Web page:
1874-1891 History of Italy 1914-1918






Switzerland 1891-1914

A.) Foreign Policy

Switzerland, in continuation of her traditional policy of Neutrality and aware of nationalism and imperialism fervent in her neighbouring countries and of the arms race going on, promoted international agreements aiming on the peaceful regulation of international relations, such as the Peace Conferences in Den Haag ("the Hague") in 1899 and 1907. When, largely due to the effort of French Pacifist Pierre de Coubertin, the IOC (International Olympic Committee) was founded, it established her headquarters in Lausanne, Switzerland. In 1901 the Nobel Peace Prize was awarded to Swiss Jean Henri Dunant, the founder of the International Red Cross (1863) and organixer of the (first) Geneva Convention (1864); the Nobel Peace Prize for 1902 went to Elie Ducommun and Charles Albert Gobat, both Swiss, honorary secretaries of the International Peace Bureau, Bern (est. 1891); in 1908 and 1913, the institute, renamed Permanent International Peace Bureau, was again honoured by the prize being awarded to her presidents, Dane Fredrik Bajer (1908) and Belgian Henri La Fontaine (1913).
The assassination of Austrian Empress Elisabeth (Sissi) in Montreux/Switzerland in 1898 by an anarchist (who only killed her as his intended victim did not show up) caused international irritation.
In 1893 the International Railway Bureau was established, with seat in Bern. In 1897 an International Congress for the Protection of Labour was held in Zürich; a later result would be the foundation of the International Labour Bureau in 1919.
Basel (Switzerland) was the venue of 7 out of 11 Zionist Congresses held between 1897 and 1913. Among political exiles in Switzerland was Vladimir Ulyanov, called Lenin (1900-1917).


B.) Domestic Policy

Mandatory health and accident insurance, rejected by referendum in 1900, was introduced in 1912
Four political parties - The Progressive-Democratic Party (Radicals), the Catholic-Conservative Party, the Liberal-Conservative Party (Protestants) and the Social-Democratic Party - dominated Swiss politics. In 1910, Switzerland had 3,765,002 inhabitants.


C.) The Economy

In 1896 a Swiss National Exhibition was held in Geneva. In 1897 the Swiss government nationalized the railways; railway construction, because of the Alpine terrain, in the past had required massive state subsidies. Switzerland prospered economically, which caused the immigration of workmen from Italy, France and Germany; in 1910 565,200 foreign residents lived in Switzerland (15 % of the total population). In 1905 the Swiss National Bank was given the exclusive right to print banknotes.
In 1911 Switzerland introduced the registration of motor vehicles.




D.) Intellectual Life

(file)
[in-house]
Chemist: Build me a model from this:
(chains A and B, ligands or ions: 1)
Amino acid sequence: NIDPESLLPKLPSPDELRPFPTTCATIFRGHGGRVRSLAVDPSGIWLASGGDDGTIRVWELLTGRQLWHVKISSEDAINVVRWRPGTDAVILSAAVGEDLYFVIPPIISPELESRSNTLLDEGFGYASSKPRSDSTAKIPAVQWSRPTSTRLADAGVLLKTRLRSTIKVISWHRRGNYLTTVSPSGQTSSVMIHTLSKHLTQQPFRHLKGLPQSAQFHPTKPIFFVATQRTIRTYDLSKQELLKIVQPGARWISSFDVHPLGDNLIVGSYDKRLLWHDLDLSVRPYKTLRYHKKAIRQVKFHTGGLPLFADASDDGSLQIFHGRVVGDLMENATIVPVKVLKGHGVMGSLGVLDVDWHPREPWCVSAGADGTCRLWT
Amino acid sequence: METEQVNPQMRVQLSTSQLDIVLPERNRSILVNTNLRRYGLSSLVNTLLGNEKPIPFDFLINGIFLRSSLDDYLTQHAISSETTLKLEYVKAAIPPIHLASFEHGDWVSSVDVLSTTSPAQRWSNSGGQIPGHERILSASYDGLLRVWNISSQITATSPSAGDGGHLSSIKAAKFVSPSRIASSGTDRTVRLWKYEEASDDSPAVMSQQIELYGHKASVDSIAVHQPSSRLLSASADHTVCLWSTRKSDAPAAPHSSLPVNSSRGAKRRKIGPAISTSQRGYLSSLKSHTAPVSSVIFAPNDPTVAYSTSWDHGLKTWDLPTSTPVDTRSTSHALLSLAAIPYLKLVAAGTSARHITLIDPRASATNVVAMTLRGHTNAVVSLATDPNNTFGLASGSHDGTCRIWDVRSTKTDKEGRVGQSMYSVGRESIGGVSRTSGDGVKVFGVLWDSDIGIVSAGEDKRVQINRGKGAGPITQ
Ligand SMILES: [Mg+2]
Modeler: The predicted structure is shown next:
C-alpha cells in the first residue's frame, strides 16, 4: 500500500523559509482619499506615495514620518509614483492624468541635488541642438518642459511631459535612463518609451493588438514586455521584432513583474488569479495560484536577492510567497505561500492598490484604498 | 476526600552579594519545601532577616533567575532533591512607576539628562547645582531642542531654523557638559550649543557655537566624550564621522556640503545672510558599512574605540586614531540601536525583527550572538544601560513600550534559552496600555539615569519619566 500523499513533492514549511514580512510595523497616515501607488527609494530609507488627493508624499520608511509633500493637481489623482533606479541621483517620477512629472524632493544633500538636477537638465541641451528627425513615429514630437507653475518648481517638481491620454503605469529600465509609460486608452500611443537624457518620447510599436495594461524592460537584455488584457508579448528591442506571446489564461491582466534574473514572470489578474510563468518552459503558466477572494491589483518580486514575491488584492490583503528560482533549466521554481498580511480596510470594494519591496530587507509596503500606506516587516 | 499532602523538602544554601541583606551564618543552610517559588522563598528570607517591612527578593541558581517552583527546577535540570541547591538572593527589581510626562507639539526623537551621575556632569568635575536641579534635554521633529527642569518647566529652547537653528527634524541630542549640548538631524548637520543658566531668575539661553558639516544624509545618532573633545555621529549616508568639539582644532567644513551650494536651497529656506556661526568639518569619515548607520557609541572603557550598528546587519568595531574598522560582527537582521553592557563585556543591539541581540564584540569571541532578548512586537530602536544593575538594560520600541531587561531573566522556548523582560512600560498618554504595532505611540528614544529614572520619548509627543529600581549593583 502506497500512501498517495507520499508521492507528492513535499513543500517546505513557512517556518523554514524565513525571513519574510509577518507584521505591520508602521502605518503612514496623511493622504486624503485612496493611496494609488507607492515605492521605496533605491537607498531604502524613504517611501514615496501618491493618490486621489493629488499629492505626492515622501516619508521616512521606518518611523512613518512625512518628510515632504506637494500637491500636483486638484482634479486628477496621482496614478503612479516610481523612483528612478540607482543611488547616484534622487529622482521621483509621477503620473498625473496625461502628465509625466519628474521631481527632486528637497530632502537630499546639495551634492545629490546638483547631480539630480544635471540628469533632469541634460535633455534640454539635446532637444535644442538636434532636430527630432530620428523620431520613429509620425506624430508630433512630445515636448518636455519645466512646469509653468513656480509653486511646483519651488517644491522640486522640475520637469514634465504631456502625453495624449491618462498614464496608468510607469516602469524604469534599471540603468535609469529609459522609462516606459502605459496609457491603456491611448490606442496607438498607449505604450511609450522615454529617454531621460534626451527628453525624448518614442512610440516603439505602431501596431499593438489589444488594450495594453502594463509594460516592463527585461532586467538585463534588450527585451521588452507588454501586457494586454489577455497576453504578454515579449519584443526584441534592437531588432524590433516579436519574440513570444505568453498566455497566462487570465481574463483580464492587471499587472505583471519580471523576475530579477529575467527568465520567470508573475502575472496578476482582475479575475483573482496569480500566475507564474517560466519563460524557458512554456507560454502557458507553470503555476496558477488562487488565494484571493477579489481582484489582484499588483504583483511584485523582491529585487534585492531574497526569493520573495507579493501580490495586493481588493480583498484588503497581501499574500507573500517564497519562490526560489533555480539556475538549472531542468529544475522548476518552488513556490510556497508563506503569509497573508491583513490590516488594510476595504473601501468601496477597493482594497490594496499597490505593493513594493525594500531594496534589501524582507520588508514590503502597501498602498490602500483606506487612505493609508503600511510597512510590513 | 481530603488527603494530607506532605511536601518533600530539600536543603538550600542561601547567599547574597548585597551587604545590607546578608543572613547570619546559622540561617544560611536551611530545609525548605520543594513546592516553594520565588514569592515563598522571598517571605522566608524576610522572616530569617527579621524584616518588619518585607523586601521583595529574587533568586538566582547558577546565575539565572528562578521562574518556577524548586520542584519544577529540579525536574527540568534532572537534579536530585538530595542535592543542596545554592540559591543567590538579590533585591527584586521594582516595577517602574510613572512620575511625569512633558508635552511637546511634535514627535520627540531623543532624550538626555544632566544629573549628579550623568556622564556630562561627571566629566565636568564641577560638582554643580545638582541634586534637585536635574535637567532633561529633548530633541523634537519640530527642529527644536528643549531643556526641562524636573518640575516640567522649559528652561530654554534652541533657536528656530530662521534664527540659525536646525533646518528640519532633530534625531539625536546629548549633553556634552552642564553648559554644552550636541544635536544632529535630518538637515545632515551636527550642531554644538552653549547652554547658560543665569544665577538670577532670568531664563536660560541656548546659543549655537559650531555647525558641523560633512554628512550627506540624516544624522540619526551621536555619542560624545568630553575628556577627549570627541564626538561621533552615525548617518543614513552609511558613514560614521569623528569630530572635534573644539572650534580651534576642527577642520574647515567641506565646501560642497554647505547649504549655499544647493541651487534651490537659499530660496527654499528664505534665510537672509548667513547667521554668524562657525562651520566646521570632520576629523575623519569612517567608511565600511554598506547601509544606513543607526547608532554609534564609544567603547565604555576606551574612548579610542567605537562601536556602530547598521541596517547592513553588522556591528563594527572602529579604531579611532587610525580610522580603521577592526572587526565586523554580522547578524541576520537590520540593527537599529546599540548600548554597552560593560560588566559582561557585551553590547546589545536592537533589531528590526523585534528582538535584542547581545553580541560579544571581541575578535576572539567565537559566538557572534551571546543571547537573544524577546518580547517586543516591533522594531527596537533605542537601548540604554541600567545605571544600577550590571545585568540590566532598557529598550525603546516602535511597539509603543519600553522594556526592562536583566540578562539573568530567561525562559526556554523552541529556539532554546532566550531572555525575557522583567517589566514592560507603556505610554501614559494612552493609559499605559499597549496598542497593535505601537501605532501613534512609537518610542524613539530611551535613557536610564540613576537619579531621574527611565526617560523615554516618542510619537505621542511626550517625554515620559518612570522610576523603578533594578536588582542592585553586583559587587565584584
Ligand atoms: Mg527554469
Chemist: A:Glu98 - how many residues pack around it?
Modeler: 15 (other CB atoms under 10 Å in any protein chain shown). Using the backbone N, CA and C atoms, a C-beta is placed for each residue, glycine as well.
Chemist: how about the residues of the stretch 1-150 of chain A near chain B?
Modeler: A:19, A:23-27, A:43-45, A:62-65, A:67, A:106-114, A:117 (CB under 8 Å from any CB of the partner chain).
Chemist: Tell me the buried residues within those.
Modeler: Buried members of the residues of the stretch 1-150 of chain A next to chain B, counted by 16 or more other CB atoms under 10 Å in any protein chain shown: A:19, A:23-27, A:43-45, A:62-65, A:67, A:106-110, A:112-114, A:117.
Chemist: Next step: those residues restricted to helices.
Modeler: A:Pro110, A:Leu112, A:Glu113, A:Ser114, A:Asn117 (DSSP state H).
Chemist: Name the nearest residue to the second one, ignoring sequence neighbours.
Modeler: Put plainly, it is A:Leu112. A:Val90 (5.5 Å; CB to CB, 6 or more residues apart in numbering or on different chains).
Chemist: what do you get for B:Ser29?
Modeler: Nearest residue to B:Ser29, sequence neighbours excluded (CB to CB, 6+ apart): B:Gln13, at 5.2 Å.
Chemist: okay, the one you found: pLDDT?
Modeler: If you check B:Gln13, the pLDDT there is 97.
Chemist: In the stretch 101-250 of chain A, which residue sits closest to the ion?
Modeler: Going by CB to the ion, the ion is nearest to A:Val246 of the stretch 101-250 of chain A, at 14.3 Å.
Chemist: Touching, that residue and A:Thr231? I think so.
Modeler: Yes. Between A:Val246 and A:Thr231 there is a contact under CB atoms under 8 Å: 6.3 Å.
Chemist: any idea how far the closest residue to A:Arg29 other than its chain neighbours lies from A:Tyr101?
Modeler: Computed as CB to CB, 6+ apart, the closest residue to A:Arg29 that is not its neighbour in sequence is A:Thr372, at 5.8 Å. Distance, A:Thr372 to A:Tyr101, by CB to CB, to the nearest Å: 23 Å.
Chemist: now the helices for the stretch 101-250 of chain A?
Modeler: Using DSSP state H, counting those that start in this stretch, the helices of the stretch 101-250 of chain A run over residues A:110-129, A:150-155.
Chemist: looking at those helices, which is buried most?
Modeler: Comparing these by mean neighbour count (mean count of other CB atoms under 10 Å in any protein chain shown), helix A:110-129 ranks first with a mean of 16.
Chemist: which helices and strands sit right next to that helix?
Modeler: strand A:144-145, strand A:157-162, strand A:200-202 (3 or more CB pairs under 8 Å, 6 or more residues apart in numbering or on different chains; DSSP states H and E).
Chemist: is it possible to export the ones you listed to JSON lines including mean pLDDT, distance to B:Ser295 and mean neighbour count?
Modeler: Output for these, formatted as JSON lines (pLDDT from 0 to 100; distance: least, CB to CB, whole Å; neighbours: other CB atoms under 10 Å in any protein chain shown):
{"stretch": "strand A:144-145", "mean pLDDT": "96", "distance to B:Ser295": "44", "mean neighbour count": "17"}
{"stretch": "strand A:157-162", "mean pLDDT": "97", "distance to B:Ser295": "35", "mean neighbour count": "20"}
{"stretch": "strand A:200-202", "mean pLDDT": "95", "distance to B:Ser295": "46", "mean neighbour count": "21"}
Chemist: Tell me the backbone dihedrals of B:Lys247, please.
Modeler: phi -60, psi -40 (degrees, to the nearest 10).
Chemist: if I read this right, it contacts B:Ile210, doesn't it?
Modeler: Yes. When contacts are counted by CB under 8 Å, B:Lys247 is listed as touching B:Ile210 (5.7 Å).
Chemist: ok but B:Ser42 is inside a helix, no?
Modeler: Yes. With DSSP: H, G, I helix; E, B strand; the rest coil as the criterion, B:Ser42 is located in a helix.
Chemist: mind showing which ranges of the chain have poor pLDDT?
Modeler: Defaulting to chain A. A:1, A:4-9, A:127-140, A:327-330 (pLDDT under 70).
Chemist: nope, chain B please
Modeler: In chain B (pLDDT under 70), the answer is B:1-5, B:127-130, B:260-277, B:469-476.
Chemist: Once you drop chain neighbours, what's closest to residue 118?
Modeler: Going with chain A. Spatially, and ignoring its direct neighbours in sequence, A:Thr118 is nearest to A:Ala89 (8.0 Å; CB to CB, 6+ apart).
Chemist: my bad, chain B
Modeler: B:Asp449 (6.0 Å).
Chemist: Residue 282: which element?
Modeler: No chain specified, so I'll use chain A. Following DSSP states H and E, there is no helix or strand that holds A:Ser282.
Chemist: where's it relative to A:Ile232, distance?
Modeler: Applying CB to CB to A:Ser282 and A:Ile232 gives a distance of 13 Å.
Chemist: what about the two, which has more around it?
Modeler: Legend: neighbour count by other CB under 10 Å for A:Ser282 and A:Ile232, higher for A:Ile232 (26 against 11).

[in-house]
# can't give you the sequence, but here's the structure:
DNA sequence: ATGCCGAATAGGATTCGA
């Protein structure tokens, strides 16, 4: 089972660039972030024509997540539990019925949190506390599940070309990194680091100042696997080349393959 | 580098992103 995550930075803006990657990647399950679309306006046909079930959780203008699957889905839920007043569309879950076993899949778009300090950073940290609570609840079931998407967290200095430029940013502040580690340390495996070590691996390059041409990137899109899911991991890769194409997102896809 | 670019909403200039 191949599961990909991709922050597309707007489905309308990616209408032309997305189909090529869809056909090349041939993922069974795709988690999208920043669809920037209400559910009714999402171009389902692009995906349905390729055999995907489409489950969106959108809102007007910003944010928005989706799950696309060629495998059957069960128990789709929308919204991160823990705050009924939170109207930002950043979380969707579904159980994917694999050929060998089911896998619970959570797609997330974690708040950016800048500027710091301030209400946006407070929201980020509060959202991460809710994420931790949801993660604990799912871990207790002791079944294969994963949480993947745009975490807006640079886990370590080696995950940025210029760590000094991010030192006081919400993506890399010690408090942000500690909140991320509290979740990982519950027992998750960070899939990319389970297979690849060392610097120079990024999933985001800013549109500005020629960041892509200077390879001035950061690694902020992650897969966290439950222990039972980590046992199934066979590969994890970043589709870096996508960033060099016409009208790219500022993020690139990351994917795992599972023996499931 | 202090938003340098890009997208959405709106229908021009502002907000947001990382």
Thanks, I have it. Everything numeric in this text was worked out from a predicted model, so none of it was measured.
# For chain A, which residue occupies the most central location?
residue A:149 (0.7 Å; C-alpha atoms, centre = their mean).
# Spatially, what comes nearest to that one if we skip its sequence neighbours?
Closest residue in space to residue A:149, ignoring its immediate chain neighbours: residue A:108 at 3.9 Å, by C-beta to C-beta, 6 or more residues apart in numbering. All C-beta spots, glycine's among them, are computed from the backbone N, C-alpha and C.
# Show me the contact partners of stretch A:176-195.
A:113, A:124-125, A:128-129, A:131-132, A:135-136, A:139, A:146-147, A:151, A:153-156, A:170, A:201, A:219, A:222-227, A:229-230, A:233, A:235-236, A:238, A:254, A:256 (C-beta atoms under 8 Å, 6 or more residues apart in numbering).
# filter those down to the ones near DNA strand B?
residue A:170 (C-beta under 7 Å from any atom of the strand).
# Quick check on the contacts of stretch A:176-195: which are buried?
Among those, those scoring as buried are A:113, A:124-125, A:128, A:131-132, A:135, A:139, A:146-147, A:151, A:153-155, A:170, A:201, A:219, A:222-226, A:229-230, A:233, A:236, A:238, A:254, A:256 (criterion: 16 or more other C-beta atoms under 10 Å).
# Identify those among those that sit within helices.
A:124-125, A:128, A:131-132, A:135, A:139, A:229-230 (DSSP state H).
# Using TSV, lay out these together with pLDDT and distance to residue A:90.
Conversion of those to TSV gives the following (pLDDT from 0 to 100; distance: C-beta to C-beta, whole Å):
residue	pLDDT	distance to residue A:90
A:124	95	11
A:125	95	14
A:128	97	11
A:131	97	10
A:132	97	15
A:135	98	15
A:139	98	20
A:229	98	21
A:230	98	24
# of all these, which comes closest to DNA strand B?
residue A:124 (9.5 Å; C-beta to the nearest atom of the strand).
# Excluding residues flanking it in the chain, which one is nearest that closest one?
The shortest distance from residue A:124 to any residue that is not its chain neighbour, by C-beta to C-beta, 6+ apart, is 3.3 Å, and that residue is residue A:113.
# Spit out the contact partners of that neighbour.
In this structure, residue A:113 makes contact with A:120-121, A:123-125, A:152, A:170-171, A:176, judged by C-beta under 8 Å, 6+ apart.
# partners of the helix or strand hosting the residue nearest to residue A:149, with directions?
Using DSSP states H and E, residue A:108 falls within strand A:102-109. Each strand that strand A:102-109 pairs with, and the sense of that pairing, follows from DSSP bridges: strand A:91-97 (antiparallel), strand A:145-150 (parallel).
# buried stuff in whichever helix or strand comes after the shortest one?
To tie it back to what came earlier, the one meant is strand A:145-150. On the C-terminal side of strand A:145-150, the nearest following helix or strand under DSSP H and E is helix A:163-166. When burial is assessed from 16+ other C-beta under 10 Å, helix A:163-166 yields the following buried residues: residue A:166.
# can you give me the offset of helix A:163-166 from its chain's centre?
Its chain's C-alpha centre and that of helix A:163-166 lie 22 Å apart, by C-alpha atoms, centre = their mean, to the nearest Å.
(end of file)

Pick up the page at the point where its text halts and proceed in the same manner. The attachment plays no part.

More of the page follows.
The Swiss Football Association was formed in 1895; Switzerland was one of the founding members of FIFA in 1904, which - of course - established her headquarters in Switzerland. In 1912 German novelist Hermann Hesse, as a pacifist a critic of German militarism, moved to Bern (Switzerland) to become a Swiss resident.






EXTERNAL
FILES
Biography of Elie Ducommun, from Nobel e-Museum
Biography of Charles Albert Gobat, from Nobel e-Museum
Biography of Hermann Hesse, from Hermann Hesse.com
The First Twelve Zionist Congresses, from Jewish Virtual Library
DOCUMENTS List of Swiss Presidents, from World Statesmen by Ben Cahoon
Article Switzerland, from Catholic Encyclopedia 1912 edition
International Treaties Switzerland has signed on War and Neutrality, posted by Confoederatio Helvetica, in French; numerous treaties signed in 1899 and 1907 ("Hague" Conventions)
Treaty on the residence of Swiss, German nationals with Germany, 1909, posted by Confoederatio Helvetica, in German (also in French, Italian)
REFERENCE Charles Dandliker, History of Switzerland, The History of Nations Volume XIII. NY : Colliers (1907) 1916, pp.327-594, revised by Elbert J. Benton [G]
Article : Switzerland, in : Britannica Book of the Year 1913 pp.1143-1148 on events of 1912) [G]
Article : Switzerland, in : Statesman's Year Book 1895 pp.995-1010, 1898 pp.995-1011, 1901 pp.1104-1121, 1905 pp.1197-1214, 1910 pp.1248-1262 [G]
Article : Switzerland, in : International Year Book 1898 pp.764-766, 1899 p.762, 1900 pp.851-852 [G]
Article : Switzerland, in : New International Year Book 1907 pp.756-757, 1908 pp.677-680, 1909 pp.683-685, 1913 pp.664-666 [G]
Article : Switzerland, in : Appleton's Annual Cyclopedia and Register of Important Events 1894 p.734, 1902 pp.662-664 [G]
Algernon Bastard, The Gourmet's Guide to Europe (1903), posted by Gutenberg Library Online, chapters VIII pp.151-157 on Switzerland
Frederic Augustin Ogg, The Governments of Europe (1913), posted by Gutenberg Library Online, Pt.5 pp.405-442 on Switzerland



This page is part of World History at KMLA
First posted on February 5th 2002, last revised on October 17th 2007

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